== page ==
May 2018 Church & State Magazine | People & Events

A federal judge on March 29 ruled that a North Carolina prison must give Humanist prisoners the same rights granted to prisoners of other faiths.

Kwame Teague, 45, a New Jersey native who is incarcerated in North Carolina’s prison system, has been asking prison officials to recognize Humanism for the past six years. The recognition would allow him and other Humanist prisoners to meet to discuss and study their beliefs – a right that is granted to other faith groups.

After prison officials had repeatedly refused Teague’s requests, the American Humanist Association (AHA) filed a federal lawsuit, Teague v. Perry, on his behalf.

The lawsuit contends prison officials are violating Teague’s constitutional right to religious freedom. Ruling in Teague’s favor, U.S. District Judge Terrence Boyle wrote that officials had failed to justify treating Humanism differently from other religions that are recognized in the state’s prisons.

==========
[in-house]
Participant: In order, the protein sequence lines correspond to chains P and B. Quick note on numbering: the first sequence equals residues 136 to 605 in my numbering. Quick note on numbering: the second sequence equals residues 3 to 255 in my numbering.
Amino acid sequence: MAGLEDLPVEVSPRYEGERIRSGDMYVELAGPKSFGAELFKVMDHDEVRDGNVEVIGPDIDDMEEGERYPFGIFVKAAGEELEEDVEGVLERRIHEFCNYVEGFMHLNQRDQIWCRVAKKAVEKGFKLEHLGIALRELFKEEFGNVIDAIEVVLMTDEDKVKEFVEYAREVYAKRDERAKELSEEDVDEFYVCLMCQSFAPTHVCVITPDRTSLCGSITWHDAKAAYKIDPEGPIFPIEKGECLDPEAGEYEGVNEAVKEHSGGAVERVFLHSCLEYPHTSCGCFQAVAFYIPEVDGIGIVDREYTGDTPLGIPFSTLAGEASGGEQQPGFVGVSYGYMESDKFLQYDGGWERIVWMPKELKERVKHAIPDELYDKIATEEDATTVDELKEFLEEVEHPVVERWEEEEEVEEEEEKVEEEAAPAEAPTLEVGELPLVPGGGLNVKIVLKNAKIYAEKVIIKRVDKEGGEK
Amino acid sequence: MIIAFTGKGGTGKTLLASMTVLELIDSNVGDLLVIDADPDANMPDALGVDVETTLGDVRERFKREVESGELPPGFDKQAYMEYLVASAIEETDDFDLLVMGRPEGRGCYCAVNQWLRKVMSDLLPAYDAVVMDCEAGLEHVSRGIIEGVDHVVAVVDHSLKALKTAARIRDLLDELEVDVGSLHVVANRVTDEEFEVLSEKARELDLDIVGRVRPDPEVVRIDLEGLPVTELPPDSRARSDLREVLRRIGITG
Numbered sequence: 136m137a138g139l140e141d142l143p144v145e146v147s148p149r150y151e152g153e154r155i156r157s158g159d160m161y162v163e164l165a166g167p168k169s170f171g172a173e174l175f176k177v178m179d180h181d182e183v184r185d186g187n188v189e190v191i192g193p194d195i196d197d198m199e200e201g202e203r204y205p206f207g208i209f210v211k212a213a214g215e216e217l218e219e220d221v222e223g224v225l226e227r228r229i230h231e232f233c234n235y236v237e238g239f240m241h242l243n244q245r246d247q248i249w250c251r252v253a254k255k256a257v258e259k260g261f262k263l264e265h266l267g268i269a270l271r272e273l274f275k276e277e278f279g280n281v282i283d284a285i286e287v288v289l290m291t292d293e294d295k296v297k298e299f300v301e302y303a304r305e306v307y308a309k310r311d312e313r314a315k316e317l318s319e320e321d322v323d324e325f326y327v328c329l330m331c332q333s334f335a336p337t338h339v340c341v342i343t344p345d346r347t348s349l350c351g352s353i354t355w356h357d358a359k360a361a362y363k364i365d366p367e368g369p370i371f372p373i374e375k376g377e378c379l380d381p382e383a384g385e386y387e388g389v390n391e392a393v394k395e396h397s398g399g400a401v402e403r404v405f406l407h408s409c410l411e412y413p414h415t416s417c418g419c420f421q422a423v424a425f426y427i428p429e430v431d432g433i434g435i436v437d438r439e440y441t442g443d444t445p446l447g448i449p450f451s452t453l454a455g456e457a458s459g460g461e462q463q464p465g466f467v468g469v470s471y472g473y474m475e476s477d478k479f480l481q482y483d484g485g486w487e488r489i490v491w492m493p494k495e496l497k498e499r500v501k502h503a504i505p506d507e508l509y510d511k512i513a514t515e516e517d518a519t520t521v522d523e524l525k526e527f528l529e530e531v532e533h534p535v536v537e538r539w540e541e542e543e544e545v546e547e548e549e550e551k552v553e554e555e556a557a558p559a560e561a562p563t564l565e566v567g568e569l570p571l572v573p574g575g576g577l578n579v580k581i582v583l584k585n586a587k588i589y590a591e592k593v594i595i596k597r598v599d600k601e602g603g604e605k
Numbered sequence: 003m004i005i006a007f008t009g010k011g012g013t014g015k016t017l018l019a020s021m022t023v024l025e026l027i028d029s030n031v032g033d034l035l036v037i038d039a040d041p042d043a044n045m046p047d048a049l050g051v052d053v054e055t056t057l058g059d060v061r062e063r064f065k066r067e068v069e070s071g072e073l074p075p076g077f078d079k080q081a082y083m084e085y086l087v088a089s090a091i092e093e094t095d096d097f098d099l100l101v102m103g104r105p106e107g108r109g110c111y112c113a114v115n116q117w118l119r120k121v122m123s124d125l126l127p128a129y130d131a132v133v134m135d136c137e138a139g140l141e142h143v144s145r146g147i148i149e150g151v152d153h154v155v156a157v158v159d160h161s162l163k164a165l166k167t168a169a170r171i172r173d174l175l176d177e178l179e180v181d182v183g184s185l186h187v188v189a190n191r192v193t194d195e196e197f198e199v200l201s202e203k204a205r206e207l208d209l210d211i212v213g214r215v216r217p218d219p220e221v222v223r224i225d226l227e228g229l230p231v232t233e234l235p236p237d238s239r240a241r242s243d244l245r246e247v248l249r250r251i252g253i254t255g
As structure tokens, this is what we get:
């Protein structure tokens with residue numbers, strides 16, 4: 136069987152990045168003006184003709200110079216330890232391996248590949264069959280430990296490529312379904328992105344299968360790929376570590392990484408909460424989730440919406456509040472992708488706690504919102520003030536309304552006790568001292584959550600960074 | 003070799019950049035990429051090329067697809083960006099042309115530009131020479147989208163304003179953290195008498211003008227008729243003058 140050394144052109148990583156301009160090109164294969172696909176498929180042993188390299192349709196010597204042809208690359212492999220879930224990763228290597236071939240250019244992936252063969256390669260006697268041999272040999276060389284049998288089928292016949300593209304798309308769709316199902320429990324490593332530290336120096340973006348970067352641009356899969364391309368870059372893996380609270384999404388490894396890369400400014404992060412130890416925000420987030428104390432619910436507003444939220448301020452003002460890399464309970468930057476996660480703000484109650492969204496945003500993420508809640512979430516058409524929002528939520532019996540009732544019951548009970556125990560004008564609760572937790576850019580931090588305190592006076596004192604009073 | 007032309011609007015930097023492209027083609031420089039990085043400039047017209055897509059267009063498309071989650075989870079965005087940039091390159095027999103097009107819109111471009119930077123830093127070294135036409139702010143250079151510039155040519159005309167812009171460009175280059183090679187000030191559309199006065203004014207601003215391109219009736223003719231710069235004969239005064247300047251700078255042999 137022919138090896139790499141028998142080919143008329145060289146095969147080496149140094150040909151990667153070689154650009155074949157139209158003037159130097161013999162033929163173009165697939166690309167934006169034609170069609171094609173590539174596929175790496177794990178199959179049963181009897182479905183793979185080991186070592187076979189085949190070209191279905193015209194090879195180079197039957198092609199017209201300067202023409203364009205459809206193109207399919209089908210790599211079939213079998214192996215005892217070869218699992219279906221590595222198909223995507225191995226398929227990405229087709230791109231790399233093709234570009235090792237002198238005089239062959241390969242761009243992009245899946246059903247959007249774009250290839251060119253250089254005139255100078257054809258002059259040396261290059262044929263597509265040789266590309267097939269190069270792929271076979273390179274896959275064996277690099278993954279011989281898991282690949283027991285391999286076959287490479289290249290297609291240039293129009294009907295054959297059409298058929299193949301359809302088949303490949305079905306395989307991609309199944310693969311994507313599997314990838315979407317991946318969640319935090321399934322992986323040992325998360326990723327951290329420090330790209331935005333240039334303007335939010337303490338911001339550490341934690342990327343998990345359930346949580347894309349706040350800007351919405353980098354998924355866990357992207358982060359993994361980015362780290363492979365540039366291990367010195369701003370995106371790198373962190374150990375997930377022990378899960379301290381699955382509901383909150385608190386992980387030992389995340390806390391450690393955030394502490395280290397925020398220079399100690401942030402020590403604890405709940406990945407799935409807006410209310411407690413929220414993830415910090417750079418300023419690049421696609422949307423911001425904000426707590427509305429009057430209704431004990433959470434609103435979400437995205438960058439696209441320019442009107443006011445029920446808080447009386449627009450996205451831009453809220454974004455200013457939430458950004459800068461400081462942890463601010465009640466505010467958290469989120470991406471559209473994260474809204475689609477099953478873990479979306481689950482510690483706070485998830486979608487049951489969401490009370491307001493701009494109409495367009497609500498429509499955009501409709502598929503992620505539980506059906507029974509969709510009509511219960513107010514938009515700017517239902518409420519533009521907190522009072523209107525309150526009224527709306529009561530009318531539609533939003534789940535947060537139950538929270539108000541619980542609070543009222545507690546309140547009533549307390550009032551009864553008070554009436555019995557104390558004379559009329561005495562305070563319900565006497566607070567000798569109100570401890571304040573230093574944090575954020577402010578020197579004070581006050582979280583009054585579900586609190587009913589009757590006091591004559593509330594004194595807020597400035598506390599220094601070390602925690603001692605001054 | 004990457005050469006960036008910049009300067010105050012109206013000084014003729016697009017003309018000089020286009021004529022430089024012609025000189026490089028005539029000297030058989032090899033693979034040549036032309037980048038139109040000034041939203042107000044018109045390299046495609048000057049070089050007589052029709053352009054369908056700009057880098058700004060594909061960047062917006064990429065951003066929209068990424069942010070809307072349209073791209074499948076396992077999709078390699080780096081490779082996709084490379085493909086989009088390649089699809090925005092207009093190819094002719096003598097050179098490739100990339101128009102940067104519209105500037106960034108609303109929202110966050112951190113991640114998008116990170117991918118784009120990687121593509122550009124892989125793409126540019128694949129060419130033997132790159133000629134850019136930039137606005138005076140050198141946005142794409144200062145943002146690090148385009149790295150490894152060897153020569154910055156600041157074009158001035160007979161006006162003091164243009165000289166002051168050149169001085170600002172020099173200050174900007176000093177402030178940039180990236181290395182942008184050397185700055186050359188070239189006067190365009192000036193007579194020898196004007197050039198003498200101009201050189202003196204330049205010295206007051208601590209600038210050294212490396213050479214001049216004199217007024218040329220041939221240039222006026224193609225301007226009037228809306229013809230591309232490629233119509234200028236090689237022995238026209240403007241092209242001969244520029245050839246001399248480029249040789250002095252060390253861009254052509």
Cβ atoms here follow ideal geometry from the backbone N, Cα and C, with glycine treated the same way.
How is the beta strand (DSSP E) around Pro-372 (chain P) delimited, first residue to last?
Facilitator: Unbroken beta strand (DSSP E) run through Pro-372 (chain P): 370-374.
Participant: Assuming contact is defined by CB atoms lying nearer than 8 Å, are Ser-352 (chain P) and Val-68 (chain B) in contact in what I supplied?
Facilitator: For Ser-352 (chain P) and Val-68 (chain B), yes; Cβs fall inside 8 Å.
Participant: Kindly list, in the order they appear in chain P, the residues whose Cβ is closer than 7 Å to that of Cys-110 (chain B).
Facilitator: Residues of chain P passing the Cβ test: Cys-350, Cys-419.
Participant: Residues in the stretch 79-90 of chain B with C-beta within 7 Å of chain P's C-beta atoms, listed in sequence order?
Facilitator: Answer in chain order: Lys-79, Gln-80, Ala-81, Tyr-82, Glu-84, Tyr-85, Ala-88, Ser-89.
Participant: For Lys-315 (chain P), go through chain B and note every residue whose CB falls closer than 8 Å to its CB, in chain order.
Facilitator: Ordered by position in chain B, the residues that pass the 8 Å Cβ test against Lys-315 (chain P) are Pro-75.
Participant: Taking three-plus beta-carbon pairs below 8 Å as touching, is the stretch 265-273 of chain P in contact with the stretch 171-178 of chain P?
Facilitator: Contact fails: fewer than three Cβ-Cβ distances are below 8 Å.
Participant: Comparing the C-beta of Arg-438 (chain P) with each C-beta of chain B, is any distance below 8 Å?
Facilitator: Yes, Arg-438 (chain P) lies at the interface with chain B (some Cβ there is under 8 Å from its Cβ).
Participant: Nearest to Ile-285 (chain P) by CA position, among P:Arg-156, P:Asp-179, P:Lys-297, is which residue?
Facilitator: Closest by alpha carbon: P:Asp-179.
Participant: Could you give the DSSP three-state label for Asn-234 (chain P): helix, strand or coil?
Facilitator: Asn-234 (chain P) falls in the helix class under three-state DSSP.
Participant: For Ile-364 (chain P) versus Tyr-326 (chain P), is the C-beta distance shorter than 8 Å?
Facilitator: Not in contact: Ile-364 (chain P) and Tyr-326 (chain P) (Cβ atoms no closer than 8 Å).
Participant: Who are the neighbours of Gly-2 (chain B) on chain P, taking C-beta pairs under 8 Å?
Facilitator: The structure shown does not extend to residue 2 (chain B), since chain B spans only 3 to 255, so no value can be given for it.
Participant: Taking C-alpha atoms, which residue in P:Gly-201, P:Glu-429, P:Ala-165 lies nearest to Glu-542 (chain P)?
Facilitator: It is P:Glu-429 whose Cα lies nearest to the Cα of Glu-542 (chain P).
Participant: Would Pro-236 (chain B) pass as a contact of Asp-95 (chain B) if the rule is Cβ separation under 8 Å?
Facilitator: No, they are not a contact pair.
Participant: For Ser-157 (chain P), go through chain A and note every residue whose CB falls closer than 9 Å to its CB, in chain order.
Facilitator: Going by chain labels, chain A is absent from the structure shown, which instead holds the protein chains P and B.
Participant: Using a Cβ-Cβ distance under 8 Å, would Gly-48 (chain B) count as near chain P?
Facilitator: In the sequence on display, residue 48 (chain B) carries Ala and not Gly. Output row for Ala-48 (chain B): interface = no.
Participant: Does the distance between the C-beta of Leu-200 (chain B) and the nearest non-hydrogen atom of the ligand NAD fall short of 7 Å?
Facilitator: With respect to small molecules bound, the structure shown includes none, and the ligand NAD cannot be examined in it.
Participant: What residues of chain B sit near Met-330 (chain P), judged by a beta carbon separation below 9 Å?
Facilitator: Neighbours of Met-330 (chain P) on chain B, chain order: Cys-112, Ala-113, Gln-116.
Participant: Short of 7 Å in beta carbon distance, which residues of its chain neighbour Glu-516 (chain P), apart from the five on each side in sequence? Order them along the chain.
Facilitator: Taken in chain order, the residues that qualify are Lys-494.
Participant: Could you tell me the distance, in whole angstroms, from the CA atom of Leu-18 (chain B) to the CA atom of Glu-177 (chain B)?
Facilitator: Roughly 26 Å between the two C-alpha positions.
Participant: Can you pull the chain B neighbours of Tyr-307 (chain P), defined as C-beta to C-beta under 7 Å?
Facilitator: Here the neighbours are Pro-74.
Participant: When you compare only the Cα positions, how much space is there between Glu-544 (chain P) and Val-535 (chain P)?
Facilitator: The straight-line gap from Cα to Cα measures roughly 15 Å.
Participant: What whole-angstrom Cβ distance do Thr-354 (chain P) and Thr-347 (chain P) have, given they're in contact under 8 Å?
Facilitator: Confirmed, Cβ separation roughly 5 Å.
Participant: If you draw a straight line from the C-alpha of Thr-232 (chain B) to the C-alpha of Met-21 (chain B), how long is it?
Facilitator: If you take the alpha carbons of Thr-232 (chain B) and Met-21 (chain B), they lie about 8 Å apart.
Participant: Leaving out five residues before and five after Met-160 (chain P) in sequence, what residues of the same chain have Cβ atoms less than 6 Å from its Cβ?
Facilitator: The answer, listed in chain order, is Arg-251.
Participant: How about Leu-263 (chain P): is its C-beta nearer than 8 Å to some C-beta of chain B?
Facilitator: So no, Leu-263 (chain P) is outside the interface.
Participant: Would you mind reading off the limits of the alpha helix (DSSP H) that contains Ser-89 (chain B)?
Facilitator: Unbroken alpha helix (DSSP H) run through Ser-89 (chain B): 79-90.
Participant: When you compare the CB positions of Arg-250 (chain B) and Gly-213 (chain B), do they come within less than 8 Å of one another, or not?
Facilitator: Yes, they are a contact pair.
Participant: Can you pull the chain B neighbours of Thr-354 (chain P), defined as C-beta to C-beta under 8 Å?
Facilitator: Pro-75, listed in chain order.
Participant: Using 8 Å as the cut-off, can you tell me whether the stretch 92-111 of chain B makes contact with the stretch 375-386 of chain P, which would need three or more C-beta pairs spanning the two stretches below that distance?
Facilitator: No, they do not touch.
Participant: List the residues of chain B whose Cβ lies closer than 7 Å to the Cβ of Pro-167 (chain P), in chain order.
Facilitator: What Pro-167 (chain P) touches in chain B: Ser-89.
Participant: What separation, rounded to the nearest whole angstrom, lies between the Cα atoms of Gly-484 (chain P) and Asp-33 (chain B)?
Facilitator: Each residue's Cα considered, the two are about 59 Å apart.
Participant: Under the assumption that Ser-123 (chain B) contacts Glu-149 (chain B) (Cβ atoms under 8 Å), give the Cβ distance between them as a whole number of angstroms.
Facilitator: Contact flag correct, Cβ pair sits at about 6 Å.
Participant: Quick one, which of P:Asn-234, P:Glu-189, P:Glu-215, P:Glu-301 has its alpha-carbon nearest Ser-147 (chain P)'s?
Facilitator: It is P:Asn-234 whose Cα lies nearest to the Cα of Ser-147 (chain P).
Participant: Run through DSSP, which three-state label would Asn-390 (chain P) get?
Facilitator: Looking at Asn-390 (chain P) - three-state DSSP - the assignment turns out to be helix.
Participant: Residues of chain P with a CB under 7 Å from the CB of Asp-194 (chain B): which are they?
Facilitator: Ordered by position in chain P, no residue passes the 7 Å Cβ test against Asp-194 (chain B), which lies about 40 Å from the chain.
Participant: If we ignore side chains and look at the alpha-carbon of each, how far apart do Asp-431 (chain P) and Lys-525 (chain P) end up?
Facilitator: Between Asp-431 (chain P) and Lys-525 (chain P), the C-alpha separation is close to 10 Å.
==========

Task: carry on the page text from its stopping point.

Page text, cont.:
Reporting on the case, the Ral­eigh News & Observer quoted AU Associate Legal Director Alex J. Luchenitser, who asserted, “Like the rights of all Americans, the rights of prisoners should never depend on whether they believe in a divine authority. Prisons should give Humanist inmates the same rights that other inmates have to observe and study their beliefs.”

Boyle’s ruling came a month after Americans United joined the Freedom From Religion Foundation in filing a friend-of-the-court brief on behalf of Benjamin Espinosa, a Humanist prisoner facing similar discrimination in Nevada.